3. Pain Transmission: We fail to accept the fact that we are not in total control and our lack of surrender to this gut wrenching fact, leaves us trying to handle an unbearable pain by our own power. We live under the illusion that we can self-correct and finally get it right by our own passionate self efforts. We fail to remember that only one person in the entire human race ever got it right and the probabilities of any of us being number two are incredibly slim.
Solution: Let go and let God. I’m already as good as I get and the sooner I can accept that and begin to seek a power greater than myself, the better off I’ll be.
4. Pain Transmission: We fail to honestly look at our own failures and instead focus on the failure of others, especially our spouses. My resentments serve as a distraction, allowing me to avoid my own self-introspection and my own culpability.
Solution: Accept that I’m not “all that”, nor will I ever be and for once take a deep and honest look at myself. I need to accept that my best efforts have fallen short and let that be ok. When I finally move into acceptance, I can begin living in, and experiencing the solution, rather than only the never ending problem.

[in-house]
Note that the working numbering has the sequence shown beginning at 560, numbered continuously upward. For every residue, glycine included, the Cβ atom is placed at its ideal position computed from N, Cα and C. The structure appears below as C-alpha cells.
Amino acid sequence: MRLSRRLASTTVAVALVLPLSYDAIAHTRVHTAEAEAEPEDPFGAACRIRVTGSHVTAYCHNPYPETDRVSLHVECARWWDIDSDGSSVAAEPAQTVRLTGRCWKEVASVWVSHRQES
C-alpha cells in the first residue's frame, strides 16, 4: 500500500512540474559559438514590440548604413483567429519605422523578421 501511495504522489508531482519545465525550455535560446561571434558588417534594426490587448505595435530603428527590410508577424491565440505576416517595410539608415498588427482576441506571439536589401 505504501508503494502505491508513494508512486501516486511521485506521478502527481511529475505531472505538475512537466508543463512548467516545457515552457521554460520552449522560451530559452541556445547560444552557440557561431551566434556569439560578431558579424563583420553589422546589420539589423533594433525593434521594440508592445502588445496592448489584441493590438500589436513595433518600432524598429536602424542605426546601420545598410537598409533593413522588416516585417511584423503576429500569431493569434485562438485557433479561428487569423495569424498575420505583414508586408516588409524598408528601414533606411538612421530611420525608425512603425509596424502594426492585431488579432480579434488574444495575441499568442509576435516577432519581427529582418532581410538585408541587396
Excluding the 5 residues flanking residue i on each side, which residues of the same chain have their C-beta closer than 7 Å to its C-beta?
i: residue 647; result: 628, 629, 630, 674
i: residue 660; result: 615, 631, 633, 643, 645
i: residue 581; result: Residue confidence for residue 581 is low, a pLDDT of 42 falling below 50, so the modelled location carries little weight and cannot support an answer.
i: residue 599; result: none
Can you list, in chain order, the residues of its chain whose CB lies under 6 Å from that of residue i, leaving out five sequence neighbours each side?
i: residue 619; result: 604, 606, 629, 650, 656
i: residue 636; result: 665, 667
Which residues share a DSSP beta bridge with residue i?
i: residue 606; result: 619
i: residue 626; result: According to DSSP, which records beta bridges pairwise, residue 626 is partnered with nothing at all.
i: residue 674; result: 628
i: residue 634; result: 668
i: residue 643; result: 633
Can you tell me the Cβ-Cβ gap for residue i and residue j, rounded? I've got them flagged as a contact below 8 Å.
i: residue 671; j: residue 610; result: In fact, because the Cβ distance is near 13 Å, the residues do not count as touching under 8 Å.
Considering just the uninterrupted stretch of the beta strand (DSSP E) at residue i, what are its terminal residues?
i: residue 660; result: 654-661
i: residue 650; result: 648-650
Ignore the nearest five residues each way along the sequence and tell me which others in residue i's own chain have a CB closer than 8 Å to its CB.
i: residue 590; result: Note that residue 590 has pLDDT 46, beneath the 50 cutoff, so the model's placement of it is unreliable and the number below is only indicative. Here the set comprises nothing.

5. Pain Transmission: We fail to acknowledge that we’re just plain messed up. Surviving an affair, regardless of which side you’re on, means realizing this truth- I’m not perfect. We need to quit justifying the bad behavior caused by our own personal flaws, and recognize our defects of character, even if they are natural, or unable to be easily seen by us.
Solution: I need to accept that it’s not ok to be this way and acknowledge my unloving nature. I need to be willing to allow God, his people, and his methods to transform me.
6. Pain Transmission: We avoid pain by blaming others and fail to consider the impact of our actions on others.